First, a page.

What is the role of tonometry in the evaluation of primary open-angle glaucoma (POAG)?

Updated: Mar 16, 2020
  • Author: Kristin Schmid Biggerstaff, MD; Chief Editor: Inci Irak Dersu, MD, MPH  more...
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Answer

Tonometry (see also Other tonometric methods in Other Tests)

IOP varies from hour-to-hour in any individual. The circadian rhythm of IOP usually causes it to rise most in the early hours of the morning; IOP also rises with a supine posture.

When checking IOP in both eyes, the method used (Goldmann applanation is the criterion standard) and the time of the measurement should all be recorded.

Previous tonometry readings, if available, should be reviewed (eg, Is the reading reproducible? What method was used to obtain the reading? What time of the day was it? Where does it fall on the diurnal pressure curve? Do both eyes have similar measurements?).

In obese patients, the possibility of a Valsalva movement causing an increased IOP should be considered when measured in the slit lamp by Goldman applanation. Measurement should be tried via Tono-Pen, Perkins, or pneumotonometer with the patient resting back in the examination chair.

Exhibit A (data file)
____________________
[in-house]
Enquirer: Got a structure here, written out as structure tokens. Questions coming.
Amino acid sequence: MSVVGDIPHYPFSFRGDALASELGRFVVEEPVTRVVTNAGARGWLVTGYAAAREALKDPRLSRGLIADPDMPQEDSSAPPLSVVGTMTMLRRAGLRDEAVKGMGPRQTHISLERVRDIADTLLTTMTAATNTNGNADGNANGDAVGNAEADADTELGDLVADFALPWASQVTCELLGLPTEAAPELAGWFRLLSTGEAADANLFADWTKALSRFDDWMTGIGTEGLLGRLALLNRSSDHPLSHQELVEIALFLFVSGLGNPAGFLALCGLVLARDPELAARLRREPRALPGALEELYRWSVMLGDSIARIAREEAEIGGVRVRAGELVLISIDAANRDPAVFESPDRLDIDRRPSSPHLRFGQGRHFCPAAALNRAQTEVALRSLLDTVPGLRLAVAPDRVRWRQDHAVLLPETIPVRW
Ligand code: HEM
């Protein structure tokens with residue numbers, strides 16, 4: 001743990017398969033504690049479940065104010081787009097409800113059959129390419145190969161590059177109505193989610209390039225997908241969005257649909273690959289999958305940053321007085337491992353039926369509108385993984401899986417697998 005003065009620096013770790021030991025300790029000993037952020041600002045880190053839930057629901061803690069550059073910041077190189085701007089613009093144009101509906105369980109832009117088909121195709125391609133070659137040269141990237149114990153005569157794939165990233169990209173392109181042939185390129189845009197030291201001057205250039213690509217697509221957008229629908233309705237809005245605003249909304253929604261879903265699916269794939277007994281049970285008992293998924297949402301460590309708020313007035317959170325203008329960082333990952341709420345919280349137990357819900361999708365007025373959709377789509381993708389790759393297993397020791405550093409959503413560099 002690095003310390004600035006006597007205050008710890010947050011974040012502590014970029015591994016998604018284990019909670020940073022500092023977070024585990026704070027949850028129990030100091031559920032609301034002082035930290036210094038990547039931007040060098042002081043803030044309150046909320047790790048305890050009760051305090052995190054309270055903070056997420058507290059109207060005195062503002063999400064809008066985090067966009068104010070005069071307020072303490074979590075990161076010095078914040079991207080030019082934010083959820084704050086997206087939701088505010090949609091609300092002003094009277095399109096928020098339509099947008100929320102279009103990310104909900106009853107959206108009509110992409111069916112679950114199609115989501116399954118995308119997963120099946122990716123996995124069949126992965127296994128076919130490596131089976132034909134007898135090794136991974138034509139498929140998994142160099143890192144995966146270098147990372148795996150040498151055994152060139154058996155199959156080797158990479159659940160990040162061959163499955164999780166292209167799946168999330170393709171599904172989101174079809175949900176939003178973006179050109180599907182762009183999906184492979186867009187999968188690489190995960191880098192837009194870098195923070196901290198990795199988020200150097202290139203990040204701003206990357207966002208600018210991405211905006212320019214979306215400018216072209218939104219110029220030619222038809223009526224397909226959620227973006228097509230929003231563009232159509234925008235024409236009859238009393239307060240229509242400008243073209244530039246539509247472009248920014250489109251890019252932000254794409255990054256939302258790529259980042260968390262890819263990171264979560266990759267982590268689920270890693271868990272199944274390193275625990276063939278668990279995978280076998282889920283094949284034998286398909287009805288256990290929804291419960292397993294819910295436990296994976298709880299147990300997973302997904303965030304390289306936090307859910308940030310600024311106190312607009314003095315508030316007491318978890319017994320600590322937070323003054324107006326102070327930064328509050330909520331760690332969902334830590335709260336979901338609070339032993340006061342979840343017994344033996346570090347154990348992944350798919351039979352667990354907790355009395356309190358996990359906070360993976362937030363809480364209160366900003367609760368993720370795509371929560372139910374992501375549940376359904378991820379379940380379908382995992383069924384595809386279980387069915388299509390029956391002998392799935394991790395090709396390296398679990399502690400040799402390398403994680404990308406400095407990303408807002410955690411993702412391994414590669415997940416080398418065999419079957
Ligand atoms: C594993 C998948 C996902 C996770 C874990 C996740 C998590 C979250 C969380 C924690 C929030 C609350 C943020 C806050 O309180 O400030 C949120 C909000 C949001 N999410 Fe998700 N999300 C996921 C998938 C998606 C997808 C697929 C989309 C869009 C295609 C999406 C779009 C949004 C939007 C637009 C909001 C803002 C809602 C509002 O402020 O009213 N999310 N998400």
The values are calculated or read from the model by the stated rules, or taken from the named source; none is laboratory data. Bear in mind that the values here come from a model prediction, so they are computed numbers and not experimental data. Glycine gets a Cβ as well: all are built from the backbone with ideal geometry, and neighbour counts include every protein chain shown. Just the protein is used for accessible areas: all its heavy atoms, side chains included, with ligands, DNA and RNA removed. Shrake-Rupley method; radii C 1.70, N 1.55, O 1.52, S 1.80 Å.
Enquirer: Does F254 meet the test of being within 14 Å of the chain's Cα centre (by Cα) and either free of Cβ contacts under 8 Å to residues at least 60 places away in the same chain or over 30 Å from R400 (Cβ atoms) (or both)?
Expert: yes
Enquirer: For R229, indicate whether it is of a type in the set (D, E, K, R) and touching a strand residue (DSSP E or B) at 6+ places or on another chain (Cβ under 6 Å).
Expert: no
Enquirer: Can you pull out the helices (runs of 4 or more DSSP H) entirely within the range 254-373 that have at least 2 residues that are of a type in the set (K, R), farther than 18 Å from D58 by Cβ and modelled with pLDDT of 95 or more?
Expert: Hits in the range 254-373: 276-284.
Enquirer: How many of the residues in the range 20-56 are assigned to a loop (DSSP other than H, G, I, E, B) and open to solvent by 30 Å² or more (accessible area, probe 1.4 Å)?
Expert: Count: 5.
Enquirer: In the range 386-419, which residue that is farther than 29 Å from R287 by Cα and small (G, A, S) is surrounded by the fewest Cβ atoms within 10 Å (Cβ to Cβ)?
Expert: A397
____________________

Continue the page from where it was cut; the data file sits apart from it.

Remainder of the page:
A difference between the 2 eyes of 3 mm Hg or more indicates greater suspicion of glaucoma. An average of 10% difference between individual measurements should be expected. The measurements should be repeated on at least 2-3 occasions before deciding on a treatment plan. The measurement should be completed in the morning and at night to check the diurnal variation, if possible. (A diurnal variation of more than 5-6 mm Hg may be suggestive of increased risk for POAG.) Early POAG is suspected strongly when a steadily increasing IOP is present.

Pachymetry affects applanation tonometry values and, therefore, should be checked on the initial examination (see also Pachymetry and Other tonometric methods in Other Tests).


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